For medical professionals - nurses and doctors in particular - aspiring to work in foreign countries where English is the native language, passing the International English Language Test System (IELTS) is among the requirements before being accepted for employment.
One of the world's most popular English tests for non-native English speakers, it assesses an individual's communication competency based on their reading, writing, listening and speaking skills.
IELTS is recognized in 9,000 organizations globally such as schools, universities, employers, immigration authorities and professional bodies. Aside from the United States, it is also used in Australia, Canada, New Zealand and the United Kingdom.
In 2015, an estimated 2.7 million took the IELTS.
While it appears to be a simple examination, it has been identified as a "stumbling block" for many Filipino nurses seeking to work overseas. IELTS demands a high level of English language proficiency uniformly in different language medium areas.
To illustrate this, the Express & Star once reported that only 8 out of 220 Filipino nurses passed the IELTS to work in Wolverhampton hospitals in the U.K.
Rundown of the basics
For all intents and purposes, the test is fair for all takers and actively avoids cultural bias. It is widely available worldwide with 1,100 locations. There could be 48 test dates annually.
IELTS has two formats - Academic and General Training. The academic version is for those who are pursuing higher education in universities and professional pathways. Nurses and doctors take this exam format.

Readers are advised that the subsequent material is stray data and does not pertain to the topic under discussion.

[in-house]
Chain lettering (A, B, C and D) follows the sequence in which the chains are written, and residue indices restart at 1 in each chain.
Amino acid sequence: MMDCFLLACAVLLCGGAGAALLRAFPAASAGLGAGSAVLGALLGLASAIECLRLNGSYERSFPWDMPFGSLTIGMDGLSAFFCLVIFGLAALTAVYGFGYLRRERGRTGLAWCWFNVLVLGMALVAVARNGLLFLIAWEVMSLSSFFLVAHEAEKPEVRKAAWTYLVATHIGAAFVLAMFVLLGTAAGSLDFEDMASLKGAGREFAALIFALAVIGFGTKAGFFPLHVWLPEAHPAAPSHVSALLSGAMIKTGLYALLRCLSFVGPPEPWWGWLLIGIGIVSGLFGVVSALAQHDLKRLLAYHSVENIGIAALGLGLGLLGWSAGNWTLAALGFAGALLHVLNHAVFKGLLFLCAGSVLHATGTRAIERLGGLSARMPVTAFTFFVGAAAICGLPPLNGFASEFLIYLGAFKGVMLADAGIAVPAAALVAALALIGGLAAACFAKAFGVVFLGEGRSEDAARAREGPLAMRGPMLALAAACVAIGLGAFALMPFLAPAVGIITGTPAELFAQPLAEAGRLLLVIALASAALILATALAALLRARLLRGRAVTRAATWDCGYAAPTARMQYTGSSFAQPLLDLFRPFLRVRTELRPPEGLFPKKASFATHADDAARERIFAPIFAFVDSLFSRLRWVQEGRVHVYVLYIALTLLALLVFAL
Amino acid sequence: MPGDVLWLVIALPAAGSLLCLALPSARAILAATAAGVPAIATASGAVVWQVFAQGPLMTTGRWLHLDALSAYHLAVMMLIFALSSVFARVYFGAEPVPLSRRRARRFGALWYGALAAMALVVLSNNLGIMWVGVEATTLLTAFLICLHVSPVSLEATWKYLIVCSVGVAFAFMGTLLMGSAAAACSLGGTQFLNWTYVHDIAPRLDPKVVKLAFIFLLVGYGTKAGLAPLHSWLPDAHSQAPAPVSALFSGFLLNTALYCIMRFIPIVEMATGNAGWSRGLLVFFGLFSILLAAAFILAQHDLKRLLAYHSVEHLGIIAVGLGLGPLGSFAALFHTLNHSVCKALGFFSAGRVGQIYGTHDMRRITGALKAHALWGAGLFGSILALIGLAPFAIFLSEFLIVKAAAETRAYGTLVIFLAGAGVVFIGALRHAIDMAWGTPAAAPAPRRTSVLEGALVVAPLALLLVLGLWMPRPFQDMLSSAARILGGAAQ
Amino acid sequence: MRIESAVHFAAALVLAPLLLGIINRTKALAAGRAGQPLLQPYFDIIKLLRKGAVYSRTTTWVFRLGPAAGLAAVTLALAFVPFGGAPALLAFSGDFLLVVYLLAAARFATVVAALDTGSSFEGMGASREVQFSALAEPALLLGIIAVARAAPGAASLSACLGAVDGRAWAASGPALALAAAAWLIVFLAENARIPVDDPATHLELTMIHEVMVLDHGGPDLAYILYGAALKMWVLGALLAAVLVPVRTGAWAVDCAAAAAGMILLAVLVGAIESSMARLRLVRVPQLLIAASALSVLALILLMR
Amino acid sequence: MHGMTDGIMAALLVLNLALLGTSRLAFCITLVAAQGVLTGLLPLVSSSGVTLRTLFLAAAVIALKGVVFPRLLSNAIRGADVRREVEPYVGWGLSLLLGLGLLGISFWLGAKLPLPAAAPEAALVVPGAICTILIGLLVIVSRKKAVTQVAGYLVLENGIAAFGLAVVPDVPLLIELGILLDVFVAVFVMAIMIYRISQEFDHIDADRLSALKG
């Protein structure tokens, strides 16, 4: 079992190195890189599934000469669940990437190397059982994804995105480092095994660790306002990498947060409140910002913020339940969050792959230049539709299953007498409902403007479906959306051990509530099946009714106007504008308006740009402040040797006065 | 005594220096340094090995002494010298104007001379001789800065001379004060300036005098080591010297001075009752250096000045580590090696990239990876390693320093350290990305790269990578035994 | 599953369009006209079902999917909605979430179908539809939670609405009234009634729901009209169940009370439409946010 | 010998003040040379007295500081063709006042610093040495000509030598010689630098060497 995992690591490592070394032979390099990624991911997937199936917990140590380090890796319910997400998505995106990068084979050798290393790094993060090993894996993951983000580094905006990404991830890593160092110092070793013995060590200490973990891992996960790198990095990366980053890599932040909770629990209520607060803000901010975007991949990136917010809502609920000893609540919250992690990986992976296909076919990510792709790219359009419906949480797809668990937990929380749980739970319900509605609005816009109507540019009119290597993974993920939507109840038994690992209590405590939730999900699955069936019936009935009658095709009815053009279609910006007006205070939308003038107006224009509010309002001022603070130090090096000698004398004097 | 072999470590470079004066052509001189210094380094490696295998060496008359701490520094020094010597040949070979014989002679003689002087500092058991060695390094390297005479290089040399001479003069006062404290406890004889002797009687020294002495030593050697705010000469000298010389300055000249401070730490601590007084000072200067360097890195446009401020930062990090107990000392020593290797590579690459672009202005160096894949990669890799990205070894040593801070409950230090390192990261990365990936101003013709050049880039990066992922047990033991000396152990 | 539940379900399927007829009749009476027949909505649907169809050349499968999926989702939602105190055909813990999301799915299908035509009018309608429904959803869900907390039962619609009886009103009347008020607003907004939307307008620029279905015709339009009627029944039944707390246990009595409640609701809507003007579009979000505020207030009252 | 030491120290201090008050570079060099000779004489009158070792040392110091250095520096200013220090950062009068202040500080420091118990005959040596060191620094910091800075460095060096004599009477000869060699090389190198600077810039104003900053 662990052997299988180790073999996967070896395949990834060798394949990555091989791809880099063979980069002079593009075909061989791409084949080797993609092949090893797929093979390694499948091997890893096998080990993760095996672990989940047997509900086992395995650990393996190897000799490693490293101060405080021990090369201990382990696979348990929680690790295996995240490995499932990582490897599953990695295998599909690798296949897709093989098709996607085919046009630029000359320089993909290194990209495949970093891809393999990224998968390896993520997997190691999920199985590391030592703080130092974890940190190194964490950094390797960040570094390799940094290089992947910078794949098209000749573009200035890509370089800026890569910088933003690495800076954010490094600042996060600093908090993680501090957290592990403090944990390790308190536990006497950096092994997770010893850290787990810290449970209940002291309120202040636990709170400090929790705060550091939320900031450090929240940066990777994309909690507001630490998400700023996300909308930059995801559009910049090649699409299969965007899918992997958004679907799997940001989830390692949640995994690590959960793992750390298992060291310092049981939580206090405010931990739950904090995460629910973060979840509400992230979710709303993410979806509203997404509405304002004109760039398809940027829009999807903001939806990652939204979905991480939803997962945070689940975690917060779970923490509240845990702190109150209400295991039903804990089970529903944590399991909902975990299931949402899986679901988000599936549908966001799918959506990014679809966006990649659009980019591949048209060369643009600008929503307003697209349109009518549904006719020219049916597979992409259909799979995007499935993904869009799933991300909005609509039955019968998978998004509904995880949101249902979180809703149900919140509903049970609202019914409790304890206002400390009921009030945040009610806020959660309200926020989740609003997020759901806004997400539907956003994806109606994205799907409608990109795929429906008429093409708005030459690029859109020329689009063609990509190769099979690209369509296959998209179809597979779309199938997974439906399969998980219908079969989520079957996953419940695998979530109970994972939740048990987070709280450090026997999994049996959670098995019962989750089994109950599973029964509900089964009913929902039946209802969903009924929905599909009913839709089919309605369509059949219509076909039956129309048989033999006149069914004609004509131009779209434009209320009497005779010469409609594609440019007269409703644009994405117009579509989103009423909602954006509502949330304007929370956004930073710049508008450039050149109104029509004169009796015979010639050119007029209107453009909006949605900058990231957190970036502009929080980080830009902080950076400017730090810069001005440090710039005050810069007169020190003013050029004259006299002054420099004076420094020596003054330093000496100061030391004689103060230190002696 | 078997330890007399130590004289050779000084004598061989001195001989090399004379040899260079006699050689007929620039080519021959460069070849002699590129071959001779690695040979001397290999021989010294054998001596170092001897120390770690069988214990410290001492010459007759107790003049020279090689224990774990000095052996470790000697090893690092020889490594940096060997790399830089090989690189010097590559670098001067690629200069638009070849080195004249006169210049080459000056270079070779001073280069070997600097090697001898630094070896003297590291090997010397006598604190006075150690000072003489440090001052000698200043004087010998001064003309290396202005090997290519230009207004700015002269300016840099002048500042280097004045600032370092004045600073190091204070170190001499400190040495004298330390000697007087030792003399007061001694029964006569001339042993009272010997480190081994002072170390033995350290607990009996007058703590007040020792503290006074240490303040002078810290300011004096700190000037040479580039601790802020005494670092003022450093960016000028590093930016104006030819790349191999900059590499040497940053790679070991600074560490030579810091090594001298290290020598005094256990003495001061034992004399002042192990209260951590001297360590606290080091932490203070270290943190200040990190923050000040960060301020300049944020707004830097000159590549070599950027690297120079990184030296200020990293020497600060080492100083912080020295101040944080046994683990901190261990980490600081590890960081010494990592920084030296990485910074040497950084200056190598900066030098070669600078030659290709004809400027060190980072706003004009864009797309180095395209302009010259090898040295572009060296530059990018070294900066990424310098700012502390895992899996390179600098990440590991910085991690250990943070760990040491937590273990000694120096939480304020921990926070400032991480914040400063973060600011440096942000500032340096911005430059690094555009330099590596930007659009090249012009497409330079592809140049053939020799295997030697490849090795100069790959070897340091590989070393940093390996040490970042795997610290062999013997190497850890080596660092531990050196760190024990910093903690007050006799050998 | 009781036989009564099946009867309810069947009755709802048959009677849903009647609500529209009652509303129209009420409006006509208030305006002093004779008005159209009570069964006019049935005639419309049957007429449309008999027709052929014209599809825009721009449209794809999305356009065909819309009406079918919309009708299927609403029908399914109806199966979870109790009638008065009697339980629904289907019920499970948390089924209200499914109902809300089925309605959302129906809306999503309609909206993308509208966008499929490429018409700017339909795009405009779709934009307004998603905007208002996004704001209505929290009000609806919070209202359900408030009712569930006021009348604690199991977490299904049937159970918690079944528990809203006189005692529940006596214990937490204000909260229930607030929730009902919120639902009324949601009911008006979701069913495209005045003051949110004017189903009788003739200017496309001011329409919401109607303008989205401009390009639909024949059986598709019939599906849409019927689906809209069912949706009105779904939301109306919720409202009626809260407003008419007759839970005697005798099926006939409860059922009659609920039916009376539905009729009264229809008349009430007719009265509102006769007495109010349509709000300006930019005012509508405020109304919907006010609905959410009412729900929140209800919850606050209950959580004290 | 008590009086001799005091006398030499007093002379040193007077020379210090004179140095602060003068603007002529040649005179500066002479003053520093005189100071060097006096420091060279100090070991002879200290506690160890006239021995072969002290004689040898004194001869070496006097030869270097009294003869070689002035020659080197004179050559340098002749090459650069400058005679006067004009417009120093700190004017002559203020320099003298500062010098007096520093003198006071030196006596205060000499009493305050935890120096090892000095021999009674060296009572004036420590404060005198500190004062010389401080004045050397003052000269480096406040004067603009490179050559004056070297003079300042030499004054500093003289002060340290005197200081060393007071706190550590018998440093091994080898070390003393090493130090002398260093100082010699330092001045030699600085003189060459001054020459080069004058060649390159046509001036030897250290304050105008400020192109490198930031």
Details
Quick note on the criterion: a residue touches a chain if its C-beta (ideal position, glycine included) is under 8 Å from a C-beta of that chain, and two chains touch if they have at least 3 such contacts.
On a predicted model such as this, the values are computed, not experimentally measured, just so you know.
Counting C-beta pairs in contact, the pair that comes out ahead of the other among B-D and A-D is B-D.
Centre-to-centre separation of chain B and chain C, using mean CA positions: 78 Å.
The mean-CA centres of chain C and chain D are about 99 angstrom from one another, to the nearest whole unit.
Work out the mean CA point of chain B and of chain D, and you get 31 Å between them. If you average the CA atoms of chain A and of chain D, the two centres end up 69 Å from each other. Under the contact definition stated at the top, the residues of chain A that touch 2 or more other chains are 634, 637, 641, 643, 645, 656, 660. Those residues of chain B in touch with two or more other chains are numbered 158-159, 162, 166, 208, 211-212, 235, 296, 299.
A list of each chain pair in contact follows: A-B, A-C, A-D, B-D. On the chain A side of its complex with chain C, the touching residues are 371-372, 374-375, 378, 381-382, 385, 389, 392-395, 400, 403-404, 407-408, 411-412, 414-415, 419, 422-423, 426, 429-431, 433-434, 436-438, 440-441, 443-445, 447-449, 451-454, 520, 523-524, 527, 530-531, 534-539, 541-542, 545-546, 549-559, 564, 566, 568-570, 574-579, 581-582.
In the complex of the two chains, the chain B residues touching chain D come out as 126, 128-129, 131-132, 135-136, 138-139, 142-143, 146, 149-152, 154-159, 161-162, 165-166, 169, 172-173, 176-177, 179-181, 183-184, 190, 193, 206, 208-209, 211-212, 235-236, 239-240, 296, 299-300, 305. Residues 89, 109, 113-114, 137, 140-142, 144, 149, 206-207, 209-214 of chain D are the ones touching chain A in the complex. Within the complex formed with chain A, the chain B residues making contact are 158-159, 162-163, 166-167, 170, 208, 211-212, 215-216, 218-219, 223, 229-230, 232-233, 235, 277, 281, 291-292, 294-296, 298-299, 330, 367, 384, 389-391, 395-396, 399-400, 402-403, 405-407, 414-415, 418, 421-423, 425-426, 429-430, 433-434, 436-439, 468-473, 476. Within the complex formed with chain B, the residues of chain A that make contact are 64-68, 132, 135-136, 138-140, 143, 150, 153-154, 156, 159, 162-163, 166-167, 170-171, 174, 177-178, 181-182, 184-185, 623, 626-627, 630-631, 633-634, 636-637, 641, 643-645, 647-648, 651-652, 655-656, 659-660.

Meanwhile, the general training version is for those who will undergo training, are aiming to gain work experience, and for those eyeing migration.
IELTS itself has four parts, each for Listening, Reading, Writing and Speaking – collectively taken for around 3 hours.
For the Listening module, test takers will listen to a conversation playing in an audio device. The audio clip will only be played once so paying close attention to it is very crucial. This runs for about 20-30 minutes. The Reading Module is accomplished for an hour with 40-item questions spread in three sections. Needless to say, an important factor to consider is the time constraints.
The Writing Module part asks the test takers to answer two questions under an hour, and according to a source, is categorized based on grammar, vocabulary, task-attainment, and cohesion. Likewise, the Speaking Module is based on fluency, grammar, pronunciation, and vocabulary.
Each of the four testing areas are given individual scores, ranging from 0 to 9, after which a collective score will be computed and shall become the IELTS band score - the overall score - also ranging from 0 to 9.
Technically, there is really no pass or fail score. Institutions decide on their own overall score requirements, with 9.0 as the highest possible score. However, many institutions set a band score of 7.0 to pass.